An interview with photographer Richard Waite


Richard is a London-based international photographer whose work encompasses a cross-section of disciplines. Through his work for ‘Condé Nast Traveller’ and ‘House & Garden’, he is now sought after for his destination, travel and interiors photography by interior designers, architects and hotel groups. Richard’s also recently photographed the The Royal Suites at London’s Grosvenor House Hotel which featured a number of Heathfield & Co’s lighting designs. In this interview, Richard discusses photographing these beautiful interiors, some of his most incredible locations visited and the current trends in interior photography.

What have been some your most memorable commissions and places visited?

I recently completed a world-wide, ten year landscape photography project for Terra Firma private equity, culminating in a 220 page book and exhibitions at The Beetles Huxley and Print space galleries in London. This project included photographing included Wilderness areas of Argentina, Chile, Bolivia, Utah, Arizona, Iceland and Australia and featured some of the most incredible locations on the planet.

Below: Antelope canyon Arizona


I have also just returned from shooting a beautiful coffee table book for Soneva Kiri, Thailand on their stunning Villas (image featured top of page).

Are there any particular well-known interiors, venues or locations that you would love to photograph?

I have been fortunate enough to have visited and photographed many beautiful Cathedrals. However, I would love to have photographed Thomas Heatherwick’s seed Cathedral that he designed for the Shanghai Expo in 2010. 60,000 slender transparent rods each 7.5 meters long illuminate the interior. Each rod contains seeds from the millennium seed bank and can move independently in the breeze.

The Heydar Aliyev Center in Baku Azerbaijan by Zaha Hadid is another venue that I would very much like to photograph. The Center is a beautiful sculptural wave-like structure with superb interior and exterior lighting.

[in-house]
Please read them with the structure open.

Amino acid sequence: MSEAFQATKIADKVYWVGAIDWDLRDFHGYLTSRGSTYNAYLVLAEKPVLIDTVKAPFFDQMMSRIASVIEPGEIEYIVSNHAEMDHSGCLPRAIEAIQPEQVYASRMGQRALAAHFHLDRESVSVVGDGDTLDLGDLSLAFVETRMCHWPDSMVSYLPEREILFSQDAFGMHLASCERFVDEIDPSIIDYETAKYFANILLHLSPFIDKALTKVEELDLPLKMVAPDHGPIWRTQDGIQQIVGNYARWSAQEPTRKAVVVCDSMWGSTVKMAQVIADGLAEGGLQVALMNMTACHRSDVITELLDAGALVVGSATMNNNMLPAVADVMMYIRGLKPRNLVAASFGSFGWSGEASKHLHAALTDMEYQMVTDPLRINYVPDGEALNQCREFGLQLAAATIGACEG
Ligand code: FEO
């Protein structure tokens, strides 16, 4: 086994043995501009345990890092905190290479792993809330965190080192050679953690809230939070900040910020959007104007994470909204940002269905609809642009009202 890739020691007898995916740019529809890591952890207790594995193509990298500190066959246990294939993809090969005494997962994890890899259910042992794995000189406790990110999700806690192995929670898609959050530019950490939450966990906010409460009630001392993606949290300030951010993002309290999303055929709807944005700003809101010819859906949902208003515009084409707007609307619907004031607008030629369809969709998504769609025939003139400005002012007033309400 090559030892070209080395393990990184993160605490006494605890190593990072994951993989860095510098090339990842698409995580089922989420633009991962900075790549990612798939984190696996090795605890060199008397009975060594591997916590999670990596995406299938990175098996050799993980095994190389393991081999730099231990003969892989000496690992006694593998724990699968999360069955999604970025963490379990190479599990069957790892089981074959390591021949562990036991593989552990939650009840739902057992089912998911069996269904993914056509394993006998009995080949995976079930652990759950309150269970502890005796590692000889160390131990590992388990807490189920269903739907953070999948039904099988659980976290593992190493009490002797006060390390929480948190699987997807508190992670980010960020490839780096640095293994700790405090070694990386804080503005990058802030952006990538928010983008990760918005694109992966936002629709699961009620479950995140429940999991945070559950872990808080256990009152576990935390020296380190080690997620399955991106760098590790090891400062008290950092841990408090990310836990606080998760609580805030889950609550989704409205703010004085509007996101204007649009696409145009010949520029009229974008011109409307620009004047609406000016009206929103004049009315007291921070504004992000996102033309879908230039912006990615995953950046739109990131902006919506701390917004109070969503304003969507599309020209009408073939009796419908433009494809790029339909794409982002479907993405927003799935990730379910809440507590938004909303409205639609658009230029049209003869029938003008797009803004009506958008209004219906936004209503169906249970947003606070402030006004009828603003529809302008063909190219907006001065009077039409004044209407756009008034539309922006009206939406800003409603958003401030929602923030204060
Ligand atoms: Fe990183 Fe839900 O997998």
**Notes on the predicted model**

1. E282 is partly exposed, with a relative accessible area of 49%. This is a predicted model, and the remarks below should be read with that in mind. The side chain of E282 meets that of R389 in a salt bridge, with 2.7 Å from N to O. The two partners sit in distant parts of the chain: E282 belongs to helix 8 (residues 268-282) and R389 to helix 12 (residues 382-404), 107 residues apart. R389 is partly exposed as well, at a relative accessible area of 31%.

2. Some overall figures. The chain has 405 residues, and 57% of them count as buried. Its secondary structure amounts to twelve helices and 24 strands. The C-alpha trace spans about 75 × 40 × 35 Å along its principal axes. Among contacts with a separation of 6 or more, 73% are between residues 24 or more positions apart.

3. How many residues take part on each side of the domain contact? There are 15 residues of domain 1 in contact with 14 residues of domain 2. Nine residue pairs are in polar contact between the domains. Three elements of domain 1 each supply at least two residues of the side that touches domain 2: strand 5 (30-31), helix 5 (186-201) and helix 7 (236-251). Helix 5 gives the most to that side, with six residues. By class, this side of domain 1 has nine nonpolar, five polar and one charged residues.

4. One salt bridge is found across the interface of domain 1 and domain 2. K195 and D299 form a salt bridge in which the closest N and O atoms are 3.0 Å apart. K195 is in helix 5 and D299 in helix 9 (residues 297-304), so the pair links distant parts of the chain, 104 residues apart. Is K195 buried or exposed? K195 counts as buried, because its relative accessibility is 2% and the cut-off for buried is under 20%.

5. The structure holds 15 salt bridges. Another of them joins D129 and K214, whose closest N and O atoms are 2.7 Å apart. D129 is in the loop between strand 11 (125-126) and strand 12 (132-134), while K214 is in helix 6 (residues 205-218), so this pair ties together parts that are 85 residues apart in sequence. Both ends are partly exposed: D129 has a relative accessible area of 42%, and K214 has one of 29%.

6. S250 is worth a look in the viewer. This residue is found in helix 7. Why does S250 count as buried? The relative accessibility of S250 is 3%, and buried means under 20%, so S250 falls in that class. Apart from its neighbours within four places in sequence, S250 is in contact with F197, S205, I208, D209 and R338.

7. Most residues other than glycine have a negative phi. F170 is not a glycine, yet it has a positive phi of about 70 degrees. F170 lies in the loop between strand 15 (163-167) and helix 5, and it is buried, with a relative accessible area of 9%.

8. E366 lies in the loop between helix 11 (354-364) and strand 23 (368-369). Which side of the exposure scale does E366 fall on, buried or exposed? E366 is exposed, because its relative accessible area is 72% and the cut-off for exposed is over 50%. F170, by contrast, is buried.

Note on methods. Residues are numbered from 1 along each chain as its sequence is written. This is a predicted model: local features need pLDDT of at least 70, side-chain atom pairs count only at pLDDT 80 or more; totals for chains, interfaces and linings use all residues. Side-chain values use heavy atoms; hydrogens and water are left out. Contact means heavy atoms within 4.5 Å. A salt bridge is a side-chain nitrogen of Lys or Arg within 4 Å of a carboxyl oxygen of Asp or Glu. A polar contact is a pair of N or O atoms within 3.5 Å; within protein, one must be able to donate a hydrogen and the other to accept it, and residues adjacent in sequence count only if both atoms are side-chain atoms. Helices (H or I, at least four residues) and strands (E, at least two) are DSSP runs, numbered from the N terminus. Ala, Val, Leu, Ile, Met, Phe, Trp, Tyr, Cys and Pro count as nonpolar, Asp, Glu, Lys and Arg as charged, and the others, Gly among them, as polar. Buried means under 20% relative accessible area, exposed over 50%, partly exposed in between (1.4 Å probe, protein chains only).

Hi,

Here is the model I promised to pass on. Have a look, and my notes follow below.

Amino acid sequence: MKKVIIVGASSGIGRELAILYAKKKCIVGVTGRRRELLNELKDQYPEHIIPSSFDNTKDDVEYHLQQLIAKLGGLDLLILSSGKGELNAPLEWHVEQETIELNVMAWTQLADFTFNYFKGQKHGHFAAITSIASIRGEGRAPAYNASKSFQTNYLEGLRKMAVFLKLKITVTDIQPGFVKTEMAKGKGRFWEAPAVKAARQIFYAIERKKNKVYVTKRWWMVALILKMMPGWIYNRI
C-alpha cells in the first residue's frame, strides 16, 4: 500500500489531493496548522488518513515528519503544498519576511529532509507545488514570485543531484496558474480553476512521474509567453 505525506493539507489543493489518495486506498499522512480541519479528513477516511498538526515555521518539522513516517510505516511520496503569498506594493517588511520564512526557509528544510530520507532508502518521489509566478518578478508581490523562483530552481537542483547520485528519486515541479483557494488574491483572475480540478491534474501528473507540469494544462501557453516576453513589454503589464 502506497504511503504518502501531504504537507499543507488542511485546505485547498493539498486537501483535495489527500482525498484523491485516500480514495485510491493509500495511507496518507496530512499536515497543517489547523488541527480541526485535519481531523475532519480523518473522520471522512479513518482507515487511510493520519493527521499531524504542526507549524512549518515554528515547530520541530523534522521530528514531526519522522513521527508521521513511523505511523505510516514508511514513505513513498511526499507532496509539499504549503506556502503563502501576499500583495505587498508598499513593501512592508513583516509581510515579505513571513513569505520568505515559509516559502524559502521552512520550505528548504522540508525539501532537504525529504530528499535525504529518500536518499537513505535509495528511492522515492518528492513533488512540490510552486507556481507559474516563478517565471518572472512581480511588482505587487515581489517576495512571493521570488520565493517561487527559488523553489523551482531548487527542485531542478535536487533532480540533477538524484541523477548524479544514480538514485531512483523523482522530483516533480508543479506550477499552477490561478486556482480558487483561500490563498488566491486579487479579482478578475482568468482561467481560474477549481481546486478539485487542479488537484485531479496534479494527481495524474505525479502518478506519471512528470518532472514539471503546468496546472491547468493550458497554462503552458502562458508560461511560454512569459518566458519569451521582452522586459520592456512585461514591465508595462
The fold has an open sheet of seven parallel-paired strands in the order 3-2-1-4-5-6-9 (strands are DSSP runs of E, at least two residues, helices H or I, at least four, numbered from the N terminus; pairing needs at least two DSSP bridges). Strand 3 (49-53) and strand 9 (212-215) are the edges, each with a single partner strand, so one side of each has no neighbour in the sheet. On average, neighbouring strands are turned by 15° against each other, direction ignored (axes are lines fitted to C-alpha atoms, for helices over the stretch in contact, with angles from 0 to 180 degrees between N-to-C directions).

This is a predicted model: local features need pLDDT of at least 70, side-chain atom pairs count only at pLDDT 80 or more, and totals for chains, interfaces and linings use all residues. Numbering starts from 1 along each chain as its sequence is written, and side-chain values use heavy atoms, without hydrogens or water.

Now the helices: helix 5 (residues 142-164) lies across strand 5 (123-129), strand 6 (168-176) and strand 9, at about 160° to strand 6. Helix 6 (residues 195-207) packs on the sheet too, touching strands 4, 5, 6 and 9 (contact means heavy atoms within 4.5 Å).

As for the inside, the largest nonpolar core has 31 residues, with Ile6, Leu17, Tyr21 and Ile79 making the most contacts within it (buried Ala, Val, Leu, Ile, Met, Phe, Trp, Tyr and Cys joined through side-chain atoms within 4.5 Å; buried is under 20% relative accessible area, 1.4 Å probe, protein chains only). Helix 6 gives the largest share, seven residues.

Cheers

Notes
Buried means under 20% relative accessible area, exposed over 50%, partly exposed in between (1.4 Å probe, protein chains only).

What do you think are some of the key attributes that make an interior great to photograph?

Interesting design, proportion, a sense of place and light are all key elements to making an interior great to photograph.

Do you have a preferred architectural or design style of interior that you love to photograph?

I like to photograph projects that incorporate striking design and perspective combined with dramatic lighting.

You recently photographed the new Royal Suites at London’s Grosvenor House Hotel. What was it about these interiors that stood out for you?

The Royal Suites at the Grosvenor House Hotel strike an harmonious balance between ambient and daylight. A subtle change happens as evening and night settings take over through the use of warm tones differing levels and light sources. This gives a sense of well-being in a subliminal way that most clients will never think about… which is the way it should be.

Below: Royal Suites, Grosvenor House Hotel, London

Below: Royal Suites, Grosvenor House Hotel, London


How would you describe the overall feel of these Royal Suites?

The Royal Suites combine contemporary luxury with a feeling of warmth, spaciousness and incorporate a sense of the hotel’s historic past.

Below: Royal Suites, Grosvenor House Hotel, London


Do you think any certain trends have developed with regard to predominant styles of interior photography?

Certain trends have evolved recently in interiors photography, one of the most common being ‘high dynamic range’ (HDR). I am not a fan of this style of work as in many cases it can look quite unnaturally bland.

How would you describe your work’s prominent style?

It is no surprise to me that digital photography has revolutionised the way we photograph interiors. I now have many options and tools at my disposal creatively. However, my preferred style remains natural and atmospheric. I approach each assignment on its individual merits and compliment the designer’s work on a level that connects with the viewer in a visually comfortable way, without gimmicks or unnecessary enhancements.

What is your single favourite photo you have taken this year and why so?

The single favourite photo taken in the last year or so has to be boxing kangaroos on a private estate in New South Wales Australia. It was a perfect combination of dawn light, mist and the completely unpredictable nature of wildlife.



For more information on Richard’s photography visit
Twitter @waitephoto